Entomological Society of Stettin

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The Entomological Society of Stettin (German: Entomologischer Verein zu Stettin) or Stettin Entomological Society, based in Stettin (Szczecin), was one of the leading entomological societies of the 19th century. Most German entomologists were members, as were many from England, Sweden, Italy, France, and Spain. The society had very large collections and a very comprehensive library.

This first German entomological society was formed in 1839. Following the death at age 39 of its first and short-lived president, Dr. Wilhelm Ludwig Ewald Schmidt, Carl August Dohrn (1806-1892), a lifelong resident of the then Prussian town of Stettin, became its second president. He was elected at an anniversary meeting on 5 November 1843. Having acted as secretary of the society for the previous four years, he continued in this role, and that of president, for the next forty.

Under Dohrn's presidency the society became as important as the entomological societies of London and Paris. As in these countries, the society reflected the growing professionalism during the second half of the 19th century, necessitating specialisation. Specialisation was accompanied by a rise in technical standards of argument and presentation and a tendency toward the use of learned jargon. There were differences, however, as German universities and academies became increasingly advanced relative to those of England and France, organising seminars (with their published proceedings) and encouraging early publication of, for instance, the Ph.D. dissertation, the academic "program" and the technical monograph. Also, after about 1850, any entomologist who wished to keep abreast of developments in his subject had to be able to read at least English, French, German, Italian, and, in some cases, Swedish. Latin and Greek were indispensable. Far fewer entomologists in England and France were multilingual than in Germany. The Irish entomologist Alexander Henry Haliday, an early member of the society, was a notable exception.

Stettin (Szczecin) is close to Lund in Sweden, home of the great Swedish dipterist Johann Wilhelm Zetterstedt, and also to Mesritz, where Hermann Loew, the greatest dipterist of the century, was to become Director of the Royal "Realschule". Both were members of the society.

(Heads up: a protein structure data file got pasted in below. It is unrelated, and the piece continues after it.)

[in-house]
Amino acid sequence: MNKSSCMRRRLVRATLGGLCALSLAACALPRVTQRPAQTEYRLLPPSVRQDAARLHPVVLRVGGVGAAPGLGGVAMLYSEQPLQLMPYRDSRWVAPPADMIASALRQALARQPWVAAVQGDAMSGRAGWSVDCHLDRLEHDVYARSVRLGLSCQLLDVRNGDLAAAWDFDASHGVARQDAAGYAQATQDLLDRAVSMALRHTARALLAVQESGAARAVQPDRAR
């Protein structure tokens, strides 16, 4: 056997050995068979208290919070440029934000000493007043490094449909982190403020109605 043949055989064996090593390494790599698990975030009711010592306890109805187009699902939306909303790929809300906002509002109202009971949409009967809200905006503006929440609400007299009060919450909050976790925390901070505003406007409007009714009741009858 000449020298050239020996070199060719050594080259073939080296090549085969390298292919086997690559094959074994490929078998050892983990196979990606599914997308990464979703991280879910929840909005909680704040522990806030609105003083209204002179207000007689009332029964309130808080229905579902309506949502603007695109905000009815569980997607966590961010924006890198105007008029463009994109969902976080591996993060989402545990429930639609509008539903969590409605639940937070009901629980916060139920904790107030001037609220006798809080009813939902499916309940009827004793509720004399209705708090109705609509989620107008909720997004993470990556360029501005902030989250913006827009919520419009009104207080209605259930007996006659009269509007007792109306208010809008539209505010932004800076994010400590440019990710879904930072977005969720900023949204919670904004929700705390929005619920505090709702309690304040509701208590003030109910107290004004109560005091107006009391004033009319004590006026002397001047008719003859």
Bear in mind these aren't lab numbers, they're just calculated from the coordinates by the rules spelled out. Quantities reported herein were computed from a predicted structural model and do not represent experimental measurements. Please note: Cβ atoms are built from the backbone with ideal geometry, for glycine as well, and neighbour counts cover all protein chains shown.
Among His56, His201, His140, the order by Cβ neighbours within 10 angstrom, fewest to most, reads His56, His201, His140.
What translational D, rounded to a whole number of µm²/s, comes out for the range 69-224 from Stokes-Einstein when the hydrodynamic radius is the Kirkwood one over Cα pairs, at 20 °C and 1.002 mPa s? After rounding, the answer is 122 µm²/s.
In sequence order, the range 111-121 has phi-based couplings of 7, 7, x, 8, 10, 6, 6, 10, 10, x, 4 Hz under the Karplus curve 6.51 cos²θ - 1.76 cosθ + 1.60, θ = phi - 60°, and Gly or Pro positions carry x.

The society's journal was called the Stettiner Entomologische Zeitung, abbreviated Stett. Ent. Zeit.


"The Stettin Entomological Society has continued in full activity, and the number of entomologists, in other countries as well as Germany (six of them members of this Society), who have been admitted as ordinary members during the past year, shows that their proceeding have aroused a greater zeal for scientific enquiry and mutual communication. Some of the visits to England of their Secretary, Dr. Schaum, have appeared in their volume of proceedings; as the articles on the determination of questionable Linnean species of Coleoptera, for which the collection of Linnaeus, in the possession of the Linnean Society of London, has afforded the materials. Besides the various interesting communications contained in this volume, (among which may be particularized Suffrian's criticisms on Schönherr's generic arrangement of the Curculionidae, and an elaborate investigation, by the veteran Gravenhorst, of the affinities of the Brachyeltrous genus Quedius, the society have published a second volume of their yearly journal (the Linnaea) containing, beside the usual portion of matter concerning Coleoptera, Lepidoptera and Diptera, from the pens of Suffrian, Zeller and Loew, a considerable contribution to the knowledge of the almost microscopical and obscure Hymenopterous family Mymaridae by Prof. Förster; as a supplement to which may be mentioned Loew's discovery of the hitherto unknown economy and prior states of these insects, communicated in the ' Entomologisches Zeitung'."

"The flourishing state of the society during all this time is the best evidence of the power of Dohrn to attract and keep together the bulk of the entomologists of Germany and many of other countries, and his influence remained great. Coleoptera occupied his own attention but he had a regard for insects of other orders if only for the reason that it brought him into communication with the lovers of them, for he had a sympathy not only with the entomologists as such but also as cultivators of a sense of pleasure and enjoyment in the varied realm of nature, and he was able, as a rule, to give far more information on cognate matters than he received"


  • Douglas, J. W., 1892. Entomologist's Monthly Magazine (3) 3:164-165: Obituary of C. A. Dohrn.
  • Lefèvre, E., 1892. Bull. Soc. Ent. Fr. 61: Obituary of C. A. Dohrn.

Various other obituaries of C.A. Dohrn are listed by Reinhard Gaedike and Eckhard K. Groll in Biographien der Entomologen der Welt [1]

See alsoEdit

External linksEdit

  • BHL Scanned volumes of Stettiner Entomologische Zeitung